Five months after a group of LSU students filed a lawsuit over the university’s failure to control a sexual predator on campus, warnings emerged this week from LSU’s French studies department that said “we haven’t forgotten”.
The flyers came amid LSU’s release of a fall class schedule that showed former LSU French Studies president Adelaide Russo was set to teach a graduate-level elective. LSU demoted Russo last year from department leadership after she was named a defendant in the student lawsuit, who says she repeatedly ignored complaints from students and a professor about former graduate student Edouard of Espalungue d’Arros.
D’Espalungue, a native of France, was enrolled in LSU’s French Studies graduate program from 2017-2020 and founded an American Journal of French Studies that has published essays by high school and college students. He was arrested in 2018 in Alexandria after a student at the University of Louisiana at Lafayette alleged he raped her during a religious retreat. But while d’Espalungue awaited trial, students say in court documents that Russo continued to defend him and allow him to interact with other female students.
At least six women have accused d’Espalungue of sexual misconduct at LSU, including two who allege he raped them. One of the rape allegations resulted in his suspension from LSU in late 2020, while he was also charged with third-degree rape in the Alexandria case last year.
In a letter posted on the door of Hodges Hall, home to LSU’s Department of French Studies, an LSU junior wrote that Russo should not be allowed to teach until the allegations against her are resolved. . The student also called on LSU to release the findings of an internal investigation into Russo’s actions.
“Until details of the results are made public, Dr. Russo should not be allowed to teach in the classroom or interact with the very students she is accused of firing and abusing,” the dated letter reads. of March 27.
Other flyers taped to the French department read: ‘We want to feel #SafeNotSilenced’ and a QR code linking to The Advocate | Times-Picayune coverage of the Espalungue affair.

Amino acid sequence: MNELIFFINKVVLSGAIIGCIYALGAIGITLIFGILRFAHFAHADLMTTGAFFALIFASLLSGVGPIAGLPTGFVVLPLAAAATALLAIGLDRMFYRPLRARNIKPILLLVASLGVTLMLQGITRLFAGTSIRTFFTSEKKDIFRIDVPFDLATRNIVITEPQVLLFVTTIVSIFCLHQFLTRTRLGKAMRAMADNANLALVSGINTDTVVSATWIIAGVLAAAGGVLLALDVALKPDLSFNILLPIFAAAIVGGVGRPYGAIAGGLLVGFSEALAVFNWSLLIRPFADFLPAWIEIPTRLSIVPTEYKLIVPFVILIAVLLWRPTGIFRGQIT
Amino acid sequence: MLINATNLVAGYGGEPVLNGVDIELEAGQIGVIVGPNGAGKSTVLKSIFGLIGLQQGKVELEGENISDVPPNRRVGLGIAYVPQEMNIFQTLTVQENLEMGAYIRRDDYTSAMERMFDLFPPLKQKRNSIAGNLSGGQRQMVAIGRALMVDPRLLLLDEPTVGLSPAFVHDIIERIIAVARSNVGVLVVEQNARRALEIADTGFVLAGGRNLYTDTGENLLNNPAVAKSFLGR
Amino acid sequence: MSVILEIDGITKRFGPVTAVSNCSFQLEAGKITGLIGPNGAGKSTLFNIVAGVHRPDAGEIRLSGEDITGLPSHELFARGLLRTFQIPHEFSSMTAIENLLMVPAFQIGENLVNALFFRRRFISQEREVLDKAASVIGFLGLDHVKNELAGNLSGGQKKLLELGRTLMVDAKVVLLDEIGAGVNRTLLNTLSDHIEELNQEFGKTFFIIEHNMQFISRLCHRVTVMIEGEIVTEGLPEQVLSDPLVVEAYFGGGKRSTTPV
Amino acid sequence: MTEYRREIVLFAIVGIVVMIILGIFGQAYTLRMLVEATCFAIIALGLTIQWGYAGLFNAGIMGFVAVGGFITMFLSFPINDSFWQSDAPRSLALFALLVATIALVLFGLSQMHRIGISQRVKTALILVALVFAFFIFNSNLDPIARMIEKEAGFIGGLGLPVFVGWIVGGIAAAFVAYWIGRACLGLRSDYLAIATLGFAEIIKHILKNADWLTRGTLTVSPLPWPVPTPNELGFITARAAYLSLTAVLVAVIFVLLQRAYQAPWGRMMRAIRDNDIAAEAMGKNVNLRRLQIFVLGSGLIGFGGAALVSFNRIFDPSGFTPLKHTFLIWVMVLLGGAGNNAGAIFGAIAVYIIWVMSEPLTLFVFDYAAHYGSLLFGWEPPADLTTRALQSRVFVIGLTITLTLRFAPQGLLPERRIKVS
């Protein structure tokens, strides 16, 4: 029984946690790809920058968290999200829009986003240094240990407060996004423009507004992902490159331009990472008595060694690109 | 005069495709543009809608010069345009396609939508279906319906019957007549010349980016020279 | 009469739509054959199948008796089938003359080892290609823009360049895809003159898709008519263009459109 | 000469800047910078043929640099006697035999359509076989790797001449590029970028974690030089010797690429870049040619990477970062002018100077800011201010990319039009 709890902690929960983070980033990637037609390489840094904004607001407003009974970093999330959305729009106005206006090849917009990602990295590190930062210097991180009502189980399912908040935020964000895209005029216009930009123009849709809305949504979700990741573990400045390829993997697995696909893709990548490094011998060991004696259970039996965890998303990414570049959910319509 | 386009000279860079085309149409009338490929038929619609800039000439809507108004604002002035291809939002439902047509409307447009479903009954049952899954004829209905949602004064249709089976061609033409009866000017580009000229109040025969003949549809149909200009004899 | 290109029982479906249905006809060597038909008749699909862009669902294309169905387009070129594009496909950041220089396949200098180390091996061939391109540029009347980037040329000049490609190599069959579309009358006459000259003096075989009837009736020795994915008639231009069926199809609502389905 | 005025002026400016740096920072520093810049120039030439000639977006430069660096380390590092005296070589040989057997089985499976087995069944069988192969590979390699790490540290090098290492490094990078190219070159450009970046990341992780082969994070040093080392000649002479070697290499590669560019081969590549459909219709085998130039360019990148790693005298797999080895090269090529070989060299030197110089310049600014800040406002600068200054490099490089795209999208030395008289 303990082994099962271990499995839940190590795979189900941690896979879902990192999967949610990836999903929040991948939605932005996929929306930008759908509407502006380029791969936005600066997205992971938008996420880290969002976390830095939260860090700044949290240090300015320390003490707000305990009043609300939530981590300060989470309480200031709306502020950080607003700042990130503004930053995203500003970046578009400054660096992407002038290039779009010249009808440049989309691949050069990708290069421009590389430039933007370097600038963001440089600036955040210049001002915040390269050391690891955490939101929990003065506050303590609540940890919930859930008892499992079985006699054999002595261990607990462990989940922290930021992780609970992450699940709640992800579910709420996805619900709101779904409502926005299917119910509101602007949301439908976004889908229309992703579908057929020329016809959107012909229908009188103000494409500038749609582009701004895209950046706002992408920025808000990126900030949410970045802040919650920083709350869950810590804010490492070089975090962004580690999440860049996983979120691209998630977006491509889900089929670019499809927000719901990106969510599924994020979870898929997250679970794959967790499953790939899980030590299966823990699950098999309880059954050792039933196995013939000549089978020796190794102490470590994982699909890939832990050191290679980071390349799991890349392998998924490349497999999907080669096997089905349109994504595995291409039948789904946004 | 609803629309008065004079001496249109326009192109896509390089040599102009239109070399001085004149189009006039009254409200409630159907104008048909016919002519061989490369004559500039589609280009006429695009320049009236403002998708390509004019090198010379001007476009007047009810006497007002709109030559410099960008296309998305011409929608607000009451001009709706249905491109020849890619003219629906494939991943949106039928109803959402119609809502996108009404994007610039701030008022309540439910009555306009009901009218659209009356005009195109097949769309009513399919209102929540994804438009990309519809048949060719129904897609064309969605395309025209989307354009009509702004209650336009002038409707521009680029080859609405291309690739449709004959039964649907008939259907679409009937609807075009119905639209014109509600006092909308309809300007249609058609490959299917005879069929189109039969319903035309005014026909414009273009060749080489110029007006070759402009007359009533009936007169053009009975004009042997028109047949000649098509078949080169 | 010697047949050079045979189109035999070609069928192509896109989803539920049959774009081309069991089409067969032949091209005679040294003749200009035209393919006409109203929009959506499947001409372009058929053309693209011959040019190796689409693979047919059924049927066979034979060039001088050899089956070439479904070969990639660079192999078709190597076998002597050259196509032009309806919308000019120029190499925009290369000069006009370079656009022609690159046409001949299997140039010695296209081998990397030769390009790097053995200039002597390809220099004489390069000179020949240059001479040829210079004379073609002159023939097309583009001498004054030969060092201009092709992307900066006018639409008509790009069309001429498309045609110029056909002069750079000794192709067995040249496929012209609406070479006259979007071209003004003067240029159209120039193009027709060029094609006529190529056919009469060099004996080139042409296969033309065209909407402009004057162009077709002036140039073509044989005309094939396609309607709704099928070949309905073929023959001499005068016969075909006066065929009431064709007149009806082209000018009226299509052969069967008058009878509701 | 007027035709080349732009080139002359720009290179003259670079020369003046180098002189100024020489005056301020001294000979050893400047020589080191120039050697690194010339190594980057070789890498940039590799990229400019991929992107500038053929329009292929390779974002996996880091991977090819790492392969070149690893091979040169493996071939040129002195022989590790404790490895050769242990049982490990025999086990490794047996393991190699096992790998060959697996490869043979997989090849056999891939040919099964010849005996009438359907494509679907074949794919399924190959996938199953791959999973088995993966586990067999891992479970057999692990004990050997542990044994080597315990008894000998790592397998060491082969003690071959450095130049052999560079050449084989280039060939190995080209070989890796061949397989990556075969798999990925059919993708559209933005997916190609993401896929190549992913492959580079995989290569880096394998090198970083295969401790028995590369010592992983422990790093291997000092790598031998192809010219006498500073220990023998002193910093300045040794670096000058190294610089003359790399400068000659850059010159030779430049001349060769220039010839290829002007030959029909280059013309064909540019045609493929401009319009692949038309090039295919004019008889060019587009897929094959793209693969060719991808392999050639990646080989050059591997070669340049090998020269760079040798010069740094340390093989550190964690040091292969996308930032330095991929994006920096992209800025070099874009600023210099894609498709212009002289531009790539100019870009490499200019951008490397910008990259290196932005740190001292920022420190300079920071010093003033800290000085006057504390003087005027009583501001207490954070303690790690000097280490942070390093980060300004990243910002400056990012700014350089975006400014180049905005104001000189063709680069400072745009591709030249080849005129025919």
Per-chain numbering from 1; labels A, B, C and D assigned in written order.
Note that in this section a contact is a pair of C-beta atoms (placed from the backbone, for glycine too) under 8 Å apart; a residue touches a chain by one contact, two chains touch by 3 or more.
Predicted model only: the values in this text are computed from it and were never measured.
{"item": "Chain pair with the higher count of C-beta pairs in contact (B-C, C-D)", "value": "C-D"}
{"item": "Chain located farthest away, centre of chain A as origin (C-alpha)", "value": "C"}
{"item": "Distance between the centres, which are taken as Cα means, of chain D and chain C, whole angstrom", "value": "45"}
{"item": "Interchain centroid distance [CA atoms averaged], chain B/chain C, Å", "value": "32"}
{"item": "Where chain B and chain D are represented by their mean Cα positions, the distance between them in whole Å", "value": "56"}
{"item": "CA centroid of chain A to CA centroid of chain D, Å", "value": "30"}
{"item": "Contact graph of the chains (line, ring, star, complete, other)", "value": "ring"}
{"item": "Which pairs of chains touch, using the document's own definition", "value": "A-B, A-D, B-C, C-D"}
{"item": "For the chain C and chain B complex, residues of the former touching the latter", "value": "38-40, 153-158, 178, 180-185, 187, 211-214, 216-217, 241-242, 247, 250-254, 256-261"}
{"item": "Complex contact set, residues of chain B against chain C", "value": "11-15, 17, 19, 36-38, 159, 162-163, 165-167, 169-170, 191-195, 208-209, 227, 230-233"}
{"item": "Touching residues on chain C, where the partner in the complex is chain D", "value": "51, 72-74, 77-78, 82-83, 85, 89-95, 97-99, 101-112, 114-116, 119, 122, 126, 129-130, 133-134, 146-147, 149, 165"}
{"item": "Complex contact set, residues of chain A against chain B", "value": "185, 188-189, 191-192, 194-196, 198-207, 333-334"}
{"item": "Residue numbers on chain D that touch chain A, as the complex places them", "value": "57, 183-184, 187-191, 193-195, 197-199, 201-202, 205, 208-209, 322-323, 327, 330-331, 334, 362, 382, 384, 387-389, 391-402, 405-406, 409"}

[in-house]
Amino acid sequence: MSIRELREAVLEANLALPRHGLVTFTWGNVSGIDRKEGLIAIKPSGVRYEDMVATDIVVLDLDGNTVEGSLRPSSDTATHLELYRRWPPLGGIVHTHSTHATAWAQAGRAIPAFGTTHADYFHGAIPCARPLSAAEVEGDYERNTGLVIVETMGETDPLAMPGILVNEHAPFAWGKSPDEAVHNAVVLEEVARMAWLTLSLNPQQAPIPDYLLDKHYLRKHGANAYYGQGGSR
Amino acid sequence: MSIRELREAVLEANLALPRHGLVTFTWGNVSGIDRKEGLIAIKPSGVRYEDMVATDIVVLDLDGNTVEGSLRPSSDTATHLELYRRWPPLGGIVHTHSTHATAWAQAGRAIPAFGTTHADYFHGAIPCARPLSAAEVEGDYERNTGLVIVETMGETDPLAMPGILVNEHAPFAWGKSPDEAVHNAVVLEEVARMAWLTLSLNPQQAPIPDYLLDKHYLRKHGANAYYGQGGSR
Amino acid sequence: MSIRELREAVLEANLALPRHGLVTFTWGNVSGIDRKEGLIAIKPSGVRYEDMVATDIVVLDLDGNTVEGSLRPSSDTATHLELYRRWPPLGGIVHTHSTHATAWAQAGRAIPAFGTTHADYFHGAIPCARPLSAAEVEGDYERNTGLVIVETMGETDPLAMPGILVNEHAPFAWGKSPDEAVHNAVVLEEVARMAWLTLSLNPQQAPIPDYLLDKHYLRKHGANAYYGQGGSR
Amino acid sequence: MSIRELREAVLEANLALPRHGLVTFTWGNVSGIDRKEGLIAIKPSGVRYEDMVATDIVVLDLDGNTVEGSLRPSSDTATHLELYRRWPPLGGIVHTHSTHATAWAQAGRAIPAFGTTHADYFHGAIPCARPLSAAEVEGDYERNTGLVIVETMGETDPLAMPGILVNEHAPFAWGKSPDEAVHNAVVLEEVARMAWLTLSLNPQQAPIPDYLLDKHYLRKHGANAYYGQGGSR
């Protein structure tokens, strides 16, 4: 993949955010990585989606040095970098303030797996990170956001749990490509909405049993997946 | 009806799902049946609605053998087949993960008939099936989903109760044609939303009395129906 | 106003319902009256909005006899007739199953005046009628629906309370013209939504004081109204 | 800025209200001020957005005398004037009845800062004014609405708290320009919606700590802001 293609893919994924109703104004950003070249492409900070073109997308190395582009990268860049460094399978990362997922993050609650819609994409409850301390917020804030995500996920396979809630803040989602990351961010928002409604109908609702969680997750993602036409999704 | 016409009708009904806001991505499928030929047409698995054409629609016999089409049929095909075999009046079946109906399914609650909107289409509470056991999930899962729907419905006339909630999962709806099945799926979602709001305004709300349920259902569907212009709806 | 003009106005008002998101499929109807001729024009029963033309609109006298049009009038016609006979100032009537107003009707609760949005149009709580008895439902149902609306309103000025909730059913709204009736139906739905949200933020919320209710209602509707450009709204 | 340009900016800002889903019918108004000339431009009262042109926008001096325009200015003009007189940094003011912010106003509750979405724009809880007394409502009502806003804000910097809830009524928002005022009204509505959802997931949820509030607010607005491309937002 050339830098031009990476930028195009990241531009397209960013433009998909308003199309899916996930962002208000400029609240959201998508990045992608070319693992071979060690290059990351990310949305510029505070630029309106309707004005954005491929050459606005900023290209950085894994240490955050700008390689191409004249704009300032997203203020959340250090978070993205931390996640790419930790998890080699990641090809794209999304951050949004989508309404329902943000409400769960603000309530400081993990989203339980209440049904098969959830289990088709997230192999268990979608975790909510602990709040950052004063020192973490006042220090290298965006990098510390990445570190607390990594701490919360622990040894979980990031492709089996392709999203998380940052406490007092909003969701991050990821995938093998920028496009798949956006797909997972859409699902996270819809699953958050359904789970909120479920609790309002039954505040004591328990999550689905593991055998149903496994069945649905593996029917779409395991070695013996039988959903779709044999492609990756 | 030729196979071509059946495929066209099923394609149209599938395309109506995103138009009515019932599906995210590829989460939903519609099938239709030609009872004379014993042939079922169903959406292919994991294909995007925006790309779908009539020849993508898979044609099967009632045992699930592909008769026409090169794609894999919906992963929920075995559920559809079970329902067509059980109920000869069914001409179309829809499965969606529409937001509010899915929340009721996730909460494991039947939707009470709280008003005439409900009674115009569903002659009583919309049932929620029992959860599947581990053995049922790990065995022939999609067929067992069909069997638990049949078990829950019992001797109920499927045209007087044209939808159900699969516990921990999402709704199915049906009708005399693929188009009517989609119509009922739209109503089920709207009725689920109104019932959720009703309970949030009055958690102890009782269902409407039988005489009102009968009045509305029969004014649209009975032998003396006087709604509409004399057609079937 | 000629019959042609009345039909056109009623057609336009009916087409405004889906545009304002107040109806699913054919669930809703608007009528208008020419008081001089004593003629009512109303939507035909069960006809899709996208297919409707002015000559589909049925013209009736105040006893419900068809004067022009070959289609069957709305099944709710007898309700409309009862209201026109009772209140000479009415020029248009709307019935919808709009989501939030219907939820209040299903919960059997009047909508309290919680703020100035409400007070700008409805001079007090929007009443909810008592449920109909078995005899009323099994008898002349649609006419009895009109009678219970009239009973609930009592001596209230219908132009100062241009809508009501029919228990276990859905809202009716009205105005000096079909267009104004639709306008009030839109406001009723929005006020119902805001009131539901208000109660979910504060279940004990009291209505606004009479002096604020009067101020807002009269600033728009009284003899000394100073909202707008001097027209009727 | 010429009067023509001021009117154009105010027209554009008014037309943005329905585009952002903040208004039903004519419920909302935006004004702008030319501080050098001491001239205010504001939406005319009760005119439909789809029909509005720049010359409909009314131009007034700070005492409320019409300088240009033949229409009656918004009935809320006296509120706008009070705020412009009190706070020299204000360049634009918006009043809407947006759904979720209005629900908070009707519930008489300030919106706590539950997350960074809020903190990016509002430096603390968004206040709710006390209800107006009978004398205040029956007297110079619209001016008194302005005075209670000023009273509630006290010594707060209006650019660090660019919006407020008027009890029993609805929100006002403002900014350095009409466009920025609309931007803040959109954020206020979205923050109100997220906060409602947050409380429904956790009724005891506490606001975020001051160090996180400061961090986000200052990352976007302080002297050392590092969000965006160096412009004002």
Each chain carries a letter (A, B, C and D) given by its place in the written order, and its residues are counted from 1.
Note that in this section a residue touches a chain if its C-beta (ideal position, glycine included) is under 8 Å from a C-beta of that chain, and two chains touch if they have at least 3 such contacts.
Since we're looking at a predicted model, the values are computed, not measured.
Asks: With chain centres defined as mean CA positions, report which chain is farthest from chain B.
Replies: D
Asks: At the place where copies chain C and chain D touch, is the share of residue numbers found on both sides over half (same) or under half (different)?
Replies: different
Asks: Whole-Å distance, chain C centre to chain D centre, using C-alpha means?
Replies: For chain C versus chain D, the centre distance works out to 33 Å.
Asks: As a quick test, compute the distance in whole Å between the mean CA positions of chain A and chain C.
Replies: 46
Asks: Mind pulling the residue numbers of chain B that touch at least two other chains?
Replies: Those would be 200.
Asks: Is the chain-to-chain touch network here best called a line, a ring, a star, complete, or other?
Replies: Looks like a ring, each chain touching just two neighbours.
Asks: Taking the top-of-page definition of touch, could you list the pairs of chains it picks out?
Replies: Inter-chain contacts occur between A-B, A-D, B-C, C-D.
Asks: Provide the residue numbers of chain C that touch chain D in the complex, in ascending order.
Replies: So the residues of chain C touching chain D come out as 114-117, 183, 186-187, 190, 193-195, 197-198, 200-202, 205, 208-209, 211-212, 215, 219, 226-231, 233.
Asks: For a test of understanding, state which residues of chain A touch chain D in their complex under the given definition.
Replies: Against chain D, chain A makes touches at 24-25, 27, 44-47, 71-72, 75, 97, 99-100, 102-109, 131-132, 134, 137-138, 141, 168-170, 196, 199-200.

Another student sent a mass email to French department teachers, students and others asking that Russo be reassigned. She wrote that she would be required to take Russo’s elective in the fall in order to graduate in French.
“The only promise this department made to us in October was that Russo would be removed as department chair and have no contact with students,” she wrote. “You broke your promise.”
Ernie Ballard, an LSU spokesperson, said LSU has expanded its Office of Title IX, which investigates sexual misconduct, to ensure incidents are now handled quickly and appropriately.
As for Russo, he said the lawsuit against LSU “outpaced the university’s ability to investigate the issues ourselves.”
“At this time, Dr. Russo has been removed from his position as department chair but is not placed on administrative leave from his professorship,” Ballard said. “She will be teaching a class this semester. She has no advisory responsibilities with student organizations or departmental groups. We may change our actions in the future, but at this point we do not have enough information to take further action.
Russo referred questions about this story to his attorney, who did not respond to a message Tuesday.
While Russo faced criticism at LSU for his handling of the Espalungue affair, d’Espalungue himself fled the country. He asked a judge in Alexandria at the end of 2020 to return to his home country of France for the Christmas holidays and did not return.
The judge issued an arrest warrant for him, but France does not extradite its citizens when they face criminal charges in other countries.
D’Espalungue appears to be reinventing himself as a financial analyst and journalist in France, based on social media profiles linked to his name. He has written several articles for the Medium site and a Twitter account in his name shared several articles in support of women who have accused a French presidential candidate of sexual misconduct.
The American Journal of French Studies also continues to publish, although d’Espalungue’s level of involvement in it is unclear. The journal’s website requires a password to see the names of people affiliated with it.